Why are many women sick and tired of "movements?" Our answer is that the fault lies with the nature of movements, not with the individual women. Political movements, as we have known them, have separated our political activities from our personal dreams of liberation, until either we are made to abandon our dreams as impossible or we are forced to drop out of the movement because we hold steadfastly to our dreams. As true anarchists and as true feminists, we say DARE TO DREAM THE IMPOSSIBLE, AND NEVER SETTLE FOR LESS THAN TOTAL TRANSLATION OF THE IMPOSSIBLE INTO REALITY.

There have been two principal forms of action in the women's liberation movement. One has been the small, local, volitionally organized consciousness-raising group, which at best has been a very meaningful mode of dealing with oppression from a personal level and, at worst, never evolved beyond the level of a therapy group.

The other principal mode of participation has been large, bureaucratized groups which have focused their activities along specific policy lines, taking great pains to translate women's oppression into concrete, single-issue programs. Women in this type of group often have been involved in formal leftist politics for some time, but could not stomach the sexism within other leftist groups. However, after reacting against the above-mentioned attitude of leftist males, many women with formal political orientations could not accept the validity of what they felt were the "therapy groups" of their suburban sisters; yet they themselves still remained within the realm of male-originated Marxist-Leninist, Trotskyist, Maoist rhetoric, and continued to use forms of political organizing employed by the male leftist groups they were reacting against. The elitism and centralization of the old male left thereby has found, and already poisoned, parts of the women's movement with the attitude that political sophistication must mean "building" a movement around single issue programs, thereby implying that "we must be patient until the masses' consciousness is raised to our level." How condescending to assume that an oppressed person must be told that she is oppressed! How condescending to assume that her consciousness will grow only by plodding along, from single-issue to next single issue.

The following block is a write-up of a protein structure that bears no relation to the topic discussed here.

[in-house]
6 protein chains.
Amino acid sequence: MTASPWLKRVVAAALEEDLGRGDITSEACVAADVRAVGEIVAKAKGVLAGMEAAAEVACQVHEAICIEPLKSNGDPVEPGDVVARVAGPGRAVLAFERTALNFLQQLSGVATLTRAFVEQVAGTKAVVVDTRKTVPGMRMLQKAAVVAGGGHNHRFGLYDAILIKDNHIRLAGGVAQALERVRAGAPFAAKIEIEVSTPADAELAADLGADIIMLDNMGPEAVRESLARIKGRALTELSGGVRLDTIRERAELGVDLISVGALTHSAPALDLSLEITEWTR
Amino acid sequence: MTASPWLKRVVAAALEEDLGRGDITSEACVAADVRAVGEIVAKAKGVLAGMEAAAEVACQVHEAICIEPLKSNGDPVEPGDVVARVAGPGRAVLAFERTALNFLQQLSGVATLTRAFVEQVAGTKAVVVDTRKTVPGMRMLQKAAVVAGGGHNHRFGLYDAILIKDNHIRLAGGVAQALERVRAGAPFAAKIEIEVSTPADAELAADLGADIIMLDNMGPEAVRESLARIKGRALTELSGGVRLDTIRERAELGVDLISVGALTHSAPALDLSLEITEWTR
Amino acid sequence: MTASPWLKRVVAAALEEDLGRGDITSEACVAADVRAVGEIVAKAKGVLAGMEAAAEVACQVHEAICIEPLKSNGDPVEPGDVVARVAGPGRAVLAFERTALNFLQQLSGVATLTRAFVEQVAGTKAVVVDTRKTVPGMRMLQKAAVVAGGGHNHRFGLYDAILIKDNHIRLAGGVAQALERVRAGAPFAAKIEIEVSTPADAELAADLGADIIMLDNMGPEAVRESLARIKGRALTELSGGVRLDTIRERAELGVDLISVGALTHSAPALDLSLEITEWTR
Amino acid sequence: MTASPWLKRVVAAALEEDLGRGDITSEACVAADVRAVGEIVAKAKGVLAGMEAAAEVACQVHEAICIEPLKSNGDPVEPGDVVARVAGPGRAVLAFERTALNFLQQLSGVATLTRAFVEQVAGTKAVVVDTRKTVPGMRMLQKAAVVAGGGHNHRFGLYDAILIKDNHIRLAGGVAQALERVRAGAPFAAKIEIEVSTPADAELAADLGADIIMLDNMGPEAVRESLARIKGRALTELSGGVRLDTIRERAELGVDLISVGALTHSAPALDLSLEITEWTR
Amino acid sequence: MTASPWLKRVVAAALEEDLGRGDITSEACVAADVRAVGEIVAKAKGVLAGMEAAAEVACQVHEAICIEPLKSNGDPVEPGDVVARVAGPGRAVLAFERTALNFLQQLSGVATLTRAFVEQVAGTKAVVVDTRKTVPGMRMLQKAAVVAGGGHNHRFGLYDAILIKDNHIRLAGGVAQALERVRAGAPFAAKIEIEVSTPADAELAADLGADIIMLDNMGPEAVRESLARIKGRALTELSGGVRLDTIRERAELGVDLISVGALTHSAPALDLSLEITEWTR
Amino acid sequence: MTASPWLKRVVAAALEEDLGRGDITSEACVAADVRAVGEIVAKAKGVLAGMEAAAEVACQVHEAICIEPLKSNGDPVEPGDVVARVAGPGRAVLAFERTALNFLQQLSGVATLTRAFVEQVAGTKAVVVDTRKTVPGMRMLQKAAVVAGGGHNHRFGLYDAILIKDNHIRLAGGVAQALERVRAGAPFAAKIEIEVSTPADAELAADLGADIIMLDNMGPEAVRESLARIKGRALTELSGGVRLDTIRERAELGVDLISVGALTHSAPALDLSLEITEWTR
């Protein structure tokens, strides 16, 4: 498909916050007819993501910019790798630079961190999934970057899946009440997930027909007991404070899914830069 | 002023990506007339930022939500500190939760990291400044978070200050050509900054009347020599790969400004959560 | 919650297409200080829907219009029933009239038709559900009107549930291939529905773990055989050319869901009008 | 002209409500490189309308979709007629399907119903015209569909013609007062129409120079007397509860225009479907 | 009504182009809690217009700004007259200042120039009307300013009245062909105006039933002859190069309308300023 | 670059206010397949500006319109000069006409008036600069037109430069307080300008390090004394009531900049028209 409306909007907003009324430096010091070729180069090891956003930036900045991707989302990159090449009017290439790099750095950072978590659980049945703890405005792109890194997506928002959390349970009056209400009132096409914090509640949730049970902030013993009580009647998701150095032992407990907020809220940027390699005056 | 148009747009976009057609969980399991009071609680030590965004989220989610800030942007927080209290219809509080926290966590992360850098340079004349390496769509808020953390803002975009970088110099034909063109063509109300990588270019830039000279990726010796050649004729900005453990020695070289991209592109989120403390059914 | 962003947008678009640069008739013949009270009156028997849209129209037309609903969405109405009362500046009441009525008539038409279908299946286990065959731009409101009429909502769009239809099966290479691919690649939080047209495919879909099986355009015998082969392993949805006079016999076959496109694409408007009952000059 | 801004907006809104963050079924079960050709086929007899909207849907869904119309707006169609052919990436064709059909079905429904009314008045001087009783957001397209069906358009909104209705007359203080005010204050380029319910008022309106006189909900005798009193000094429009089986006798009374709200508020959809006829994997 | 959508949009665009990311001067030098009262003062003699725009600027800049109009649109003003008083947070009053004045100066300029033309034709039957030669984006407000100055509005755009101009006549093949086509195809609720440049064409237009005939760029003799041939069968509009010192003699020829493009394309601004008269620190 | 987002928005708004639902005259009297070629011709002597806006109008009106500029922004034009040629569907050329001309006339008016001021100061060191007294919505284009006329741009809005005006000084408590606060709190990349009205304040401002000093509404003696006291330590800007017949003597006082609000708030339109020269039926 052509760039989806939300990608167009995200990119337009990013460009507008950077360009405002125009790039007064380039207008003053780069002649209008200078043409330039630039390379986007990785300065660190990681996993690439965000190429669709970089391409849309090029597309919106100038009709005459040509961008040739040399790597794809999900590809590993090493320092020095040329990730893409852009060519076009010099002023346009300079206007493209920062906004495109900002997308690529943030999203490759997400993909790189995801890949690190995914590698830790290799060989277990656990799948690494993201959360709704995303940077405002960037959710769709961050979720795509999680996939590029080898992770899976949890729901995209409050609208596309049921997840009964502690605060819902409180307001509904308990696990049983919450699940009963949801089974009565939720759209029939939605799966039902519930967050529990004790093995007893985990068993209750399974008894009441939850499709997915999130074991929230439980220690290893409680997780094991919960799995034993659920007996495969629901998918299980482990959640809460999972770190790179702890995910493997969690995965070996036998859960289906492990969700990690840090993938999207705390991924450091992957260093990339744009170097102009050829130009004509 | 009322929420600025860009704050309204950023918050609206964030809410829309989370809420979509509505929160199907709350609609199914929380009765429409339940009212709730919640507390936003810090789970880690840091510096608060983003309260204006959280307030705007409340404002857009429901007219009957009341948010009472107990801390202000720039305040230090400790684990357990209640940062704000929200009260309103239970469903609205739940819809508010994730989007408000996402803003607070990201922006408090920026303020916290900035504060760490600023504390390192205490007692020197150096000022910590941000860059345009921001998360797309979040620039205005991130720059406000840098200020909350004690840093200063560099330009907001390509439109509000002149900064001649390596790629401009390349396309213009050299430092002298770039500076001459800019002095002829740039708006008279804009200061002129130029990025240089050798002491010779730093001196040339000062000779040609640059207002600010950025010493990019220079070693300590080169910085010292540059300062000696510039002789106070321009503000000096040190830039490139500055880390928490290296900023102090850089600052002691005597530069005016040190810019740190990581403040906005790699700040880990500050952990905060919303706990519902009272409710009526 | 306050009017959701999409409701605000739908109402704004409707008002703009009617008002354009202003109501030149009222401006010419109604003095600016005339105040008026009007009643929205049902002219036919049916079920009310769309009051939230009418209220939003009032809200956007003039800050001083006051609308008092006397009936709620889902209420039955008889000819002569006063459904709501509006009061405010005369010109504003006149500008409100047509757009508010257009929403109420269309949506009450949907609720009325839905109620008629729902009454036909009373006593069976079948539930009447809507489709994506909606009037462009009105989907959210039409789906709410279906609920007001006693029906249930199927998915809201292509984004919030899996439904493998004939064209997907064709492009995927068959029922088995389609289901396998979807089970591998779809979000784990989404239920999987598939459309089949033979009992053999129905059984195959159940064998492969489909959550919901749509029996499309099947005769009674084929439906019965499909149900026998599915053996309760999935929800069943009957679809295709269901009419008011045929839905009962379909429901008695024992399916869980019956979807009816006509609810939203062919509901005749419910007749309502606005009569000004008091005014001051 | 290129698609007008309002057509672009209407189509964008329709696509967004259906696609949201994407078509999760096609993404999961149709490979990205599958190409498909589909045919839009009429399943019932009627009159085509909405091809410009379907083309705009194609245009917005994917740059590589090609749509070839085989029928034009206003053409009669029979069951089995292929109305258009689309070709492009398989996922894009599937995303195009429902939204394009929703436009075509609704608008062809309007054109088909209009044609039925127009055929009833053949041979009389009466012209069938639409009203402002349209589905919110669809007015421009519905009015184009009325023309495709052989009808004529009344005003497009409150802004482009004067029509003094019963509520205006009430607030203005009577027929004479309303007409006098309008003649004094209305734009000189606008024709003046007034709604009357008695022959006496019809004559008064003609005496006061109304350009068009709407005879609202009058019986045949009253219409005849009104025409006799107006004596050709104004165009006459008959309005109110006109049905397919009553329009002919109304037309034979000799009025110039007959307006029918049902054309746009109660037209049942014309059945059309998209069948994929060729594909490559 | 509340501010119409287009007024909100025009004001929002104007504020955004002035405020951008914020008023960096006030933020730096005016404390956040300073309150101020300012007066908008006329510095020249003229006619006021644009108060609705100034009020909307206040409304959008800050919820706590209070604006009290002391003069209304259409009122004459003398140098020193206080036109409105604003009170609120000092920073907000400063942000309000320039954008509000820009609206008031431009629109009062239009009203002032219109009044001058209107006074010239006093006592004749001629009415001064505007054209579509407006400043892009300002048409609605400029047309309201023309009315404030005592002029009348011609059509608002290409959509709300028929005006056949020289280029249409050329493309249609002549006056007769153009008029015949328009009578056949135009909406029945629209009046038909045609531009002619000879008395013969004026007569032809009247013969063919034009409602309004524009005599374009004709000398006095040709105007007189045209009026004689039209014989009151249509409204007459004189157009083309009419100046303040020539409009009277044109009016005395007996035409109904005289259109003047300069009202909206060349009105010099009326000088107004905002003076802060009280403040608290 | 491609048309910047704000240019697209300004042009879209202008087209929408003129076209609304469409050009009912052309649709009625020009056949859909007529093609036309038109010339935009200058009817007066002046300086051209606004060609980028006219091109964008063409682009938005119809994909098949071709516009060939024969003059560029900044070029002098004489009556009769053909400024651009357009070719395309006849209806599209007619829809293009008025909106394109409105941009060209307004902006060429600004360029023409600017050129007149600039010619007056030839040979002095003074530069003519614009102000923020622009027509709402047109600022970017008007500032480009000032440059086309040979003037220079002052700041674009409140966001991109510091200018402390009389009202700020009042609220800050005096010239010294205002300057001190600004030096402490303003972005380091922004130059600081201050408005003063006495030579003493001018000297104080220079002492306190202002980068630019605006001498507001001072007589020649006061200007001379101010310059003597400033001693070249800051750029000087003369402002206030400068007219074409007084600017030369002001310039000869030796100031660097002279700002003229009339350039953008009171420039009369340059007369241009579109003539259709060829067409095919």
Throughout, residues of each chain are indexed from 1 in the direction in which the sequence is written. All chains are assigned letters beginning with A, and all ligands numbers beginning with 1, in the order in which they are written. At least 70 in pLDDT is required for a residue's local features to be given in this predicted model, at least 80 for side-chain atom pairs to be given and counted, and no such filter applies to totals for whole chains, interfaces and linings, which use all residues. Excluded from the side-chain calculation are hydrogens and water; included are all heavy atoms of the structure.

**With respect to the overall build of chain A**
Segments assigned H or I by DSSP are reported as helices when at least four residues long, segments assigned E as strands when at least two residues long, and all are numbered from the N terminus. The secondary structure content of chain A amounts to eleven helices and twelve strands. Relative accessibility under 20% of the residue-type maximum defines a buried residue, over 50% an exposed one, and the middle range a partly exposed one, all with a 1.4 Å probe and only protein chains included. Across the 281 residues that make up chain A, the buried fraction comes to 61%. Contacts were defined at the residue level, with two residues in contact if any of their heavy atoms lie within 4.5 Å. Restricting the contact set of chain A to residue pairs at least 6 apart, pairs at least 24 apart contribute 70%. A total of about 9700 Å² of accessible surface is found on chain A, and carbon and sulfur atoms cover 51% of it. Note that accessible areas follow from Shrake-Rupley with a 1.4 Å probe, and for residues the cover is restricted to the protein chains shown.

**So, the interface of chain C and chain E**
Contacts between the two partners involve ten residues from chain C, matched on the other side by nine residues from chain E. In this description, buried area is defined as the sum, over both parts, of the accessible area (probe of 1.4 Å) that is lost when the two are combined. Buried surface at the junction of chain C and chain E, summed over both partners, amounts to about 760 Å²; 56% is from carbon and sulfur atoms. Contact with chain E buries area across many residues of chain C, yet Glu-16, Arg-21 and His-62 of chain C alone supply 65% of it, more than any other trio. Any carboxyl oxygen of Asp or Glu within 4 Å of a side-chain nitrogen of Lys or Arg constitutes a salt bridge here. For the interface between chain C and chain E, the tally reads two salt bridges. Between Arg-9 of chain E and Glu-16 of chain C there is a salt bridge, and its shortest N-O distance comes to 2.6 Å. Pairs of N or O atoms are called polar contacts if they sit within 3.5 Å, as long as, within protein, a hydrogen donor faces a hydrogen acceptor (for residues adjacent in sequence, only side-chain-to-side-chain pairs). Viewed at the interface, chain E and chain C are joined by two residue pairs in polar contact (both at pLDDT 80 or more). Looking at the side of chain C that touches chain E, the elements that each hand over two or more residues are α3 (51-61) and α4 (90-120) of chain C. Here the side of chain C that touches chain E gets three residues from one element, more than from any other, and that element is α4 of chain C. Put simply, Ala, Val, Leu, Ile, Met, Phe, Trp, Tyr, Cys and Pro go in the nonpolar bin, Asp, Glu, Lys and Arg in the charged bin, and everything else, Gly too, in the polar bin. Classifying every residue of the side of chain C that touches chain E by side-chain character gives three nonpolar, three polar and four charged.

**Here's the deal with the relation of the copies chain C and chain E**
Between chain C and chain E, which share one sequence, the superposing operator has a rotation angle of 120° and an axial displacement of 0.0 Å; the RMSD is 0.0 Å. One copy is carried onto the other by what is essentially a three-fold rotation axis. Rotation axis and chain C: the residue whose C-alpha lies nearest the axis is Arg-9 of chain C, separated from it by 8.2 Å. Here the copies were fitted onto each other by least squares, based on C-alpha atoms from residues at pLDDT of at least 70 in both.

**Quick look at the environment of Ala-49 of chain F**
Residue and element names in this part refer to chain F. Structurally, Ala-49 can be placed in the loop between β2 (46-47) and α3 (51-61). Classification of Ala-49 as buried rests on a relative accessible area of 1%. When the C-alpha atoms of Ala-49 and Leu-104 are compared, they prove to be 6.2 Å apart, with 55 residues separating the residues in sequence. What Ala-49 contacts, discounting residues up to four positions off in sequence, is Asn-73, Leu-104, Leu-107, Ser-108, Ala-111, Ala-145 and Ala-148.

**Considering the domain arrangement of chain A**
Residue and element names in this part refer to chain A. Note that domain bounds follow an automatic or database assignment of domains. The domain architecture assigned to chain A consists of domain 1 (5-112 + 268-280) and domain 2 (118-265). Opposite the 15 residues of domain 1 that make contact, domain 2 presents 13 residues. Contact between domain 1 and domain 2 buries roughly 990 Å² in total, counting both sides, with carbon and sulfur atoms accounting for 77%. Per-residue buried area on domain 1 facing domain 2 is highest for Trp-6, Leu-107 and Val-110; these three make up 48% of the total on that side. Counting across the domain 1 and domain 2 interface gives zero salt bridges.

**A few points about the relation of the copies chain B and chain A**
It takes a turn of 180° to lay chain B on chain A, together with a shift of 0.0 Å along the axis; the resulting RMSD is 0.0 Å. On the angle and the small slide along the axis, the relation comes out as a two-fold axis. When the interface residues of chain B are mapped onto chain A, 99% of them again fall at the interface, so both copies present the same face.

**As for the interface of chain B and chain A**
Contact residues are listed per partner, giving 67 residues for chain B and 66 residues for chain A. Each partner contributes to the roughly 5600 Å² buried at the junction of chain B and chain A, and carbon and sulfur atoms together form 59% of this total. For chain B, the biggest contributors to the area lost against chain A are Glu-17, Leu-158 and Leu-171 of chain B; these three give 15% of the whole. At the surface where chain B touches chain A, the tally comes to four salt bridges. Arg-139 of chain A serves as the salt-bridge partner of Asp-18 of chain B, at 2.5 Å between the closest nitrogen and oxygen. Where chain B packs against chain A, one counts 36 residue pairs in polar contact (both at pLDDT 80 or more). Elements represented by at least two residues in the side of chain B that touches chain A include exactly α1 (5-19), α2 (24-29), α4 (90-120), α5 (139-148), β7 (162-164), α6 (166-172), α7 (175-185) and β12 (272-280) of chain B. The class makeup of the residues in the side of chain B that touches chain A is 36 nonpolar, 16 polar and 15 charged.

In the past decade or more, women of the left were consistently intimidated out of fighting for our own liberation, avoiding the obvious fact that all women are an oppressed group. We are so numerous and dispersed that we have identified ourselves erroneously as members of particular classes on the basis of the class of "our men," our fathers or our husbands. So women of the left, regarding ourselves as middle-class more than oppressed women, have been led to neglect engaging in our own struggle as our primary struggle. Instead, we have dedicated ourselves to fight on behalf of other oppressed peoples, thus alienating ourselves from our own plight. Many say that this attitude no longer exists in the women's movement, that it originated only from the guilt trip of the white middle class male, but even today women in autonomous women's movements speak of the need to "organize" working class women, without concentrating on the need to organize ourselves—as if we were already beyond that level. This does not mean (if we insist first and foremost on freeing ourselves) that we love our oppressed sisters any the less; on the contrary, we feel that the best way for us to be true to all liberation struggles is to accept and deal directly with our own oppression.

We do not believe that rejection of Marxist-Leninist analysis and strategy is by definition political naiveté. We do not believe it is politically naive to maintain the attitude that even a "democratically centralized" group could be considered the "vanguard" spokeswoman for us. The nature of groups concerned with "building" movements is: 1) to water down the "more extreme" dreams into "realistic" demands, and 2) to eventually become an organ of tyranny itself. No thanks!